Fast Food, Slow Change

Fulbright winner studies waning use of chopsticks in China

By Magazine Staff  |  Photos courtesy of Mazen Shomali
Shomali in China

As Mazen Shomali, ’11, waited to order in a restaurant on his first day in Macau, he watched as the waitress handed chopsticks to the Chinese people at his table. Then she handed him a fork.

What a coincidence, Shomali thought. After all, during his year-long Fulbright experience, Shomali is not only teaching English to students at Macau’s University of Saint Joseph, but also conducting research into the waning use of chopsticks as American fast food restaurants crop up in Chinese cities.

“I have observed a lot during my stay here,” says Shomali, who arrived in Macau Aug. 29 to begin his prestigious one-year English Teaching Assistantship—and has been handed forks several times, as the waiters recognize him as a foreigner. “I’ve been to a variety of restaurants, Portuguese, Macanese, Chinese, Japanese, Thai. In an overwhelming majority of these restaurants Western silverware is available. Some even only have Western silverware.”

Shomali has been focused mainly on teaching English and increasing his fluency in Mandarin, but he has also made several observations for his research project. “I wasn’t expecting the wide availability of forks, spoons, and knives,” he says. “I also wasn’t expecting that the Chinese people here would prefer to use Western utensils over chopsticks. When I studied abroad in Beijing in fall 2009, an average restaurant would never have Western utensils. I used chopsticks most of the time.”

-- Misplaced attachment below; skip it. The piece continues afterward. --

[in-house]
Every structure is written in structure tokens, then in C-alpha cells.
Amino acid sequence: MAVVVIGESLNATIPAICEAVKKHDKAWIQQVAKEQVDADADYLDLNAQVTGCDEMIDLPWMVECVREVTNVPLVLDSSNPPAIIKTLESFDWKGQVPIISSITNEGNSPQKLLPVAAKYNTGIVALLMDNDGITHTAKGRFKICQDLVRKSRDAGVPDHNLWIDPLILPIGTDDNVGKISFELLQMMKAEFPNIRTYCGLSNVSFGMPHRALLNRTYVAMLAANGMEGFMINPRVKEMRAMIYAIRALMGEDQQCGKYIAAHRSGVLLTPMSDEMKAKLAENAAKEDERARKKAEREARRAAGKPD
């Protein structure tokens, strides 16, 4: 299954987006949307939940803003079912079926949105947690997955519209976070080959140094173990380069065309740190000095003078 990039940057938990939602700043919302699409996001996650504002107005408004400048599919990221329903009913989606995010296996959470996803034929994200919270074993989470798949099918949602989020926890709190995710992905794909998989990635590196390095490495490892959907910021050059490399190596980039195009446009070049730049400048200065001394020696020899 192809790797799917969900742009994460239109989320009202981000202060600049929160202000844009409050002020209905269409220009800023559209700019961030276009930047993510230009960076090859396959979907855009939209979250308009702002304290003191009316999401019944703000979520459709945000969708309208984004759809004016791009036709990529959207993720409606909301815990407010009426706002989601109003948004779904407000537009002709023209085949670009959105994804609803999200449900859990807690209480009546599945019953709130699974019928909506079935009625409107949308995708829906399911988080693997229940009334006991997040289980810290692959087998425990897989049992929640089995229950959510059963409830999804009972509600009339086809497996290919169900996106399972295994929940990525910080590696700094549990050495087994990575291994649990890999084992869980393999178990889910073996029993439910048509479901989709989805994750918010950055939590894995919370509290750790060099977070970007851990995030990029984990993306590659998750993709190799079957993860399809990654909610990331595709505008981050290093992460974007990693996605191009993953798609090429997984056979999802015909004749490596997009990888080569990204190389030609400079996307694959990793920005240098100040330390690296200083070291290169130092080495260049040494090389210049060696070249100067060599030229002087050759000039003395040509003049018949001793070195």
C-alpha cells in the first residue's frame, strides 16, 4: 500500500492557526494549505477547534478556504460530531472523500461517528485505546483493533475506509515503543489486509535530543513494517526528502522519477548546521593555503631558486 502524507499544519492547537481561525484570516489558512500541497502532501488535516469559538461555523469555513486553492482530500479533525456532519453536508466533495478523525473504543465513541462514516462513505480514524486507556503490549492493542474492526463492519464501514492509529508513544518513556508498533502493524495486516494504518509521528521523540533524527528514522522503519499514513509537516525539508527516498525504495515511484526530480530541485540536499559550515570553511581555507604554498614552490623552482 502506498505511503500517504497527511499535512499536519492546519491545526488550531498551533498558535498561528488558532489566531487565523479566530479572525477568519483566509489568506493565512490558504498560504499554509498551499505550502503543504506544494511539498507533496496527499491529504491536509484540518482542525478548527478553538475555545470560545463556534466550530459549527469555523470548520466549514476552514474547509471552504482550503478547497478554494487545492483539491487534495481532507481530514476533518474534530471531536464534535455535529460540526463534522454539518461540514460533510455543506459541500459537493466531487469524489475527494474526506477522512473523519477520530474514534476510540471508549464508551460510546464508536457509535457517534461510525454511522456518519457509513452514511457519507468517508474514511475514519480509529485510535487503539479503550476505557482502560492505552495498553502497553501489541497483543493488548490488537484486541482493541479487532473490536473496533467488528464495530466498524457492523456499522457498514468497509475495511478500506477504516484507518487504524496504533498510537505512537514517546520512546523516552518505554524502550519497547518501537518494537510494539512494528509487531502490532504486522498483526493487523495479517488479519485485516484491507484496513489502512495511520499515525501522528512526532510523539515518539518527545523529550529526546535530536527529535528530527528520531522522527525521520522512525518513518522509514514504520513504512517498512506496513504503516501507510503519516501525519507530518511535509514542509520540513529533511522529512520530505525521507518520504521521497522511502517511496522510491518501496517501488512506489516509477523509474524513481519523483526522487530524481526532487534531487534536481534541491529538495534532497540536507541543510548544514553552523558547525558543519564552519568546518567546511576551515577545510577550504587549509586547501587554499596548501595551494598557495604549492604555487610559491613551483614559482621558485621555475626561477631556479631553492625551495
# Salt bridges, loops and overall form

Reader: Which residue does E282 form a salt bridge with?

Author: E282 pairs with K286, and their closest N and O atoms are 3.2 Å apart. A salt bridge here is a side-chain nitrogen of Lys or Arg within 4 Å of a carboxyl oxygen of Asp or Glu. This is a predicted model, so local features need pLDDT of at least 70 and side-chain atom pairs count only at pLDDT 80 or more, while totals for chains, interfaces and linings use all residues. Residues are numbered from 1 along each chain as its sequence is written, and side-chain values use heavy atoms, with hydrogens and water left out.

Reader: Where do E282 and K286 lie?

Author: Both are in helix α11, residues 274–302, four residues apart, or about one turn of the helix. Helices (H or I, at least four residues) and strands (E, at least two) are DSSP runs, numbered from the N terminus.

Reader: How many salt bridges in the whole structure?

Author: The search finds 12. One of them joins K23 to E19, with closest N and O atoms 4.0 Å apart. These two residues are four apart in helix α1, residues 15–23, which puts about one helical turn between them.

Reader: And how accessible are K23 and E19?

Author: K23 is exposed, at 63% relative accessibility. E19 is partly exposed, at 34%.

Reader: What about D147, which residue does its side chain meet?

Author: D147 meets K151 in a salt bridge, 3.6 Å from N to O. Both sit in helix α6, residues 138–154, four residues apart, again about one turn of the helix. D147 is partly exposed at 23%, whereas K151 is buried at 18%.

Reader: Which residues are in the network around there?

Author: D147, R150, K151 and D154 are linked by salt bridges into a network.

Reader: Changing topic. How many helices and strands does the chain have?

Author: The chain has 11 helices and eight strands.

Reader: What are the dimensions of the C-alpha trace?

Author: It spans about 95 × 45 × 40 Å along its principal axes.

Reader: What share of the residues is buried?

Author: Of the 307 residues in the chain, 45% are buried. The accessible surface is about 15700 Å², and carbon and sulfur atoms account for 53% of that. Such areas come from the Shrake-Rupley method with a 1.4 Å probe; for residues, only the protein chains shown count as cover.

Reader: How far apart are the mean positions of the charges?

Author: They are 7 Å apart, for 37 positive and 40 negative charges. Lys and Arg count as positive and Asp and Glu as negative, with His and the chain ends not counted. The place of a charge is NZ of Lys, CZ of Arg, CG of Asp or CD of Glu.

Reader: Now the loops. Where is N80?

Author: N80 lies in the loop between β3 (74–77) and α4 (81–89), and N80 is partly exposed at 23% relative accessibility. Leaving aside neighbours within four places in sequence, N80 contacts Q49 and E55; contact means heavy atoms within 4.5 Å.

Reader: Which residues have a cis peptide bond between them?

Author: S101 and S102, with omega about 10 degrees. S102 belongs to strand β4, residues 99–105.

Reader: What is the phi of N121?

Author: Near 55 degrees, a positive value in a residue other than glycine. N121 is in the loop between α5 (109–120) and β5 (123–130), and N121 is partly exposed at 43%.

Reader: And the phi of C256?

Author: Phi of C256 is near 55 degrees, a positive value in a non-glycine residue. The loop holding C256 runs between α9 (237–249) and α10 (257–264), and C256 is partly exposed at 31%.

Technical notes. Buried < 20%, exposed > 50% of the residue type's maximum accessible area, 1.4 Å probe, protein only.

The Campus Buzz

Shomali won Loyola’s third Fulbright in three years, generating increased interest in the program among students and faculty. Loyola students and recent graduates submitted a record 18 Fulbright applications this fall. That number has grown from one in 2007 to four in 2008, seven in 2009, and 11 in 2010.

“There’s a buzz on campus now. Students are encouraging roommates or friends to apply,” says Arthur Sutherland, Ph.D., director of Loyola’s national fellowships office and associate professor of theology. He works with the records office and office of international programs to identify students who would be good applicants, and then meets with them as early as their sophomore year—even if he has to Skype with students who are studying abroad—to start the process.

Each application requires three recommendation letters from faculty, so professors play a key role in putting together strong applications, Sutherland says. “I get calls from faculty members who are recommending students. I can say that without a doubt our faculty is very supportive and really involved.”

Searching for Chopsticks

Although Shomali had hypothesized that American fast food restaurants might be the source of the shift in utensil use, he now has a different perspective.

“I wouldn’t entirely say that it’s the result of Western fast food culture. I might say that it is from Portugal’s influence on Macau over the hundreds of years they’ve been here. At the same time, I always ask myself, ‘Why don’t I see the same thing in Shanghai and Hong Kong, two of the most Western cities in China?’”

Macau is the only place in China where casinos and gambling are legal, and Shomali believes that the casinos play a role in the availability of Western utensils.